I never really thought about what it would be like to be a mum. I just innocently assumed that one day I would meet a man and together we would decide to have a family. It was never something that took up a lot of energy, if you know what I mean.
Motherhood is 100% not all it is cracked up to be.
Now, please bear with me before you disagree.
If I asked you to be honest with yourself, and with me, is your version of motherhood REALLY all that you thought it would be? Really? Not just the bits you allow others to see but the rest of it, the bits that are about you.
For me the answer is still no, motherhood really isn’t what I thought it would be. But no wonder, the version of motherhood that I thought I was buying into is NOT REAL!!!
My version of motherhood wasn’t what I had imagined it would be but that was because I was comparing what I had to something that didn’t even exist. I had bought into a fantasy version of motherhood and I felt shit, I felt like I was failing because what I was feeling didn’t seem anything like I had been led to believe it ‘should’ feel.
So do you know what I did? I had an identity crisis.
And then I started to reach out enough times to other mums to finally hear what I needed to hear. There were other mums out there who felt their own version of what I was feeling. Mums who felt lost, mums who felt like they no longer knew who they were anymore, mums who said that they were struggling with how parenthood had affected their relationships and mums who were desperate to be seen, to be visible!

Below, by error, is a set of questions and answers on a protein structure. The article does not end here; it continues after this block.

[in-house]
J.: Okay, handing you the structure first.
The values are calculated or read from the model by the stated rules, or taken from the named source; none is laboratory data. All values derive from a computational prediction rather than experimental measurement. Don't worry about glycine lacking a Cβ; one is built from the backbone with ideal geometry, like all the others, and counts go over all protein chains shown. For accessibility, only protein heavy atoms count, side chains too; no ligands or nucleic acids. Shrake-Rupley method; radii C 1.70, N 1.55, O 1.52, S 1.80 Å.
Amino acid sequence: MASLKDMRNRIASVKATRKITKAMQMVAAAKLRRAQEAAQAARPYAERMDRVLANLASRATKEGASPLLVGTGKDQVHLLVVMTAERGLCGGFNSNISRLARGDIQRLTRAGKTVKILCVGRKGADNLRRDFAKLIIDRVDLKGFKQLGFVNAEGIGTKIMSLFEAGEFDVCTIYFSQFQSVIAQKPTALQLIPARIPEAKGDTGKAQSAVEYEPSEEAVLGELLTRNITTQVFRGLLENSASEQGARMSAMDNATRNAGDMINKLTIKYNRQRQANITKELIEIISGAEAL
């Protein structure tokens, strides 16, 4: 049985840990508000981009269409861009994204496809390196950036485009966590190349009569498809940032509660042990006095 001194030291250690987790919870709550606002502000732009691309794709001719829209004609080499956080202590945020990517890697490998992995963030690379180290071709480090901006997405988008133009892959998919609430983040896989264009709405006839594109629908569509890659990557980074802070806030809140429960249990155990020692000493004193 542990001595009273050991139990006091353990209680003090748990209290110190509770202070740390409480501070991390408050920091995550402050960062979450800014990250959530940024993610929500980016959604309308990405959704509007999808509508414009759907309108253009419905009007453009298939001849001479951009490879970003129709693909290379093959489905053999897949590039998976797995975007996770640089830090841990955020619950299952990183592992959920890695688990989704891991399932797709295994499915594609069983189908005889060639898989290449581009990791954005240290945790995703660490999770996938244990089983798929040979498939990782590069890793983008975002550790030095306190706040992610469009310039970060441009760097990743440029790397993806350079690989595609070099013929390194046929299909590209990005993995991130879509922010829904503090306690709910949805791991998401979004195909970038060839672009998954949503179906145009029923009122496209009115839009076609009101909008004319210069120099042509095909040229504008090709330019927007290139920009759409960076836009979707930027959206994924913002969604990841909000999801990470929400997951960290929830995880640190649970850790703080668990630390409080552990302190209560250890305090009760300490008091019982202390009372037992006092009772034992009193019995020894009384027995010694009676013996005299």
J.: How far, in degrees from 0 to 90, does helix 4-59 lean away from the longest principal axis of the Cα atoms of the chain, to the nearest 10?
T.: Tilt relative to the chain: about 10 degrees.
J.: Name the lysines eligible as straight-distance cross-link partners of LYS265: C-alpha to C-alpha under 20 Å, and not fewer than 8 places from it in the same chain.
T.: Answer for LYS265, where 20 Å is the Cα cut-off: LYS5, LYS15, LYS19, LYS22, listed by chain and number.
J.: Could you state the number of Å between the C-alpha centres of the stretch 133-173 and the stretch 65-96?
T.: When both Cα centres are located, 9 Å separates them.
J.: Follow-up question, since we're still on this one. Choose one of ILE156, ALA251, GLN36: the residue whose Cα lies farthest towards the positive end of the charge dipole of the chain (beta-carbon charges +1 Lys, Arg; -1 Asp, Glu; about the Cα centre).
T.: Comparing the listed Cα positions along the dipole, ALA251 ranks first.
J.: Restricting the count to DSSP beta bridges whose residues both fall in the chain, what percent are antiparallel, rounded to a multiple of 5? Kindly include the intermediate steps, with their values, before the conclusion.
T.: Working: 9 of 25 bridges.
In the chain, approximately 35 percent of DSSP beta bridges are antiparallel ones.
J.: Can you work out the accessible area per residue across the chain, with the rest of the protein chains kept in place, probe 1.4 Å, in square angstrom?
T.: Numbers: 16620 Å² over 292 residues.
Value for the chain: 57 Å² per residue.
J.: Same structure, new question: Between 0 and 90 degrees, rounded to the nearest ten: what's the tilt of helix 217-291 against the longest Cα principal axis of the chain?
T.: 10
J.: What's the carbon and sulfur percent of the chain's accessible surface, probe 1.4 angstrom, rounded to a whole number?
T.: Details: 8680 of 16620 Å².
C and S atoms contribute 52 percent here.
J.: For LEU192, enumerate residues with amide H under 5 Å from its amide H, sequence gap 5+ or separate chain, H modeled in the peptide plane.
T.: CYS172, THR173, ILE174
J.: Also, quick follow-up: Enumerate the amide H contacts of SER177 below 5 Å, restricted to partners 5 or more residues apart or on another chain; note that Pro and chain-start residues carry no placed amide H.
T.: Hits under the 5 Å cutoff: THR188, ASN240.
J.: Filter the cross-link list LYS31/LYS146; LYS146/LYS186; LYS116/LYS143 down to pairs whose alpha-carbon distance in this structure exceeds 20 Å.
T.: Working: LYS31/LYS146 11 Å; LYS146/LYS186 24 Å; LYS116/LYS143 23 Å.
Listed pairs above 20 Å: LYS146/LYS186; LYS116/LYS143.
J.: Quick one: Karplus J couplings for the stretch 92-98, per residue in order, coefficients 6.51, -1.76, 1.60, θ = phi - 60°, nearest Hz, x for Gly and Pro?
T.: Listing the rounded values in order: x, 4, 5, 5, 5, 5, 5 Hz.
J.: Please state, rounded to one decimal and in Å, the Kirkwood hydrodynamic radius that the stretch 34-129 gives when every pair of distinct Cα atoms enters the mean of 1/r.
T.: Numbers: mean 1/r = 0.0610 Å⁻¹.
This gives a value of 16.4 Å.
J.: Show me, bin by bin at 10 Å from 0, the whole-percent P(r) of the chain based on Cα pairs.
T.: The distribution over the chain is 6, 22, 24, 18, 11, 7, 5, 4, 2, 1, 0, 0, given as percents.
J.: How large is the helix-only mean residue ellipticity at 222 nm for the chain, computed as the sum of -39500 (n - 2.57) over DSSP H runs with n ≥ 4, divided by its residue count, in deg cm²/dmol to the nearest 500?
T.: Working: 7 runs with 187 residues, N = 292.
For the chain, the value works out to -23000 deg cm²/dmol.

Now I know.
I know that I had to go through an identity crisis when I had my first baby. I had to feel lost enough that it would tip the balance and spur me on to want to change something in my life. I didn’t know at the time what the change would be, I just knew that I had to listen to the voice inside that was telling me there was more. More to me, more to my life and more to motherhood than I thought possible.
And I was right. The change I made was to start stripping myself of the layers of motherhood that I had been conditioned into wearing. You know the layers I’m talking about; the ones society teaches us to wear.
Slowly, I started to try and put words to this feeling I had inside of me.
The feeling of needing to acknowledge that motherhood was so much more than I had imagined. Yes, I felt a love like no other but the insecurities and feelings of complete loss of self were also more than I had ever known. This wasn’t really something I had read about or been told about in ‘preparation’ of motherhood.
It has taken me a while to process the impact that motherhood has had on me as a woman, as an individual. I’m still learning and adapting to it but I know now that what I feel is nothing to be ashamed of.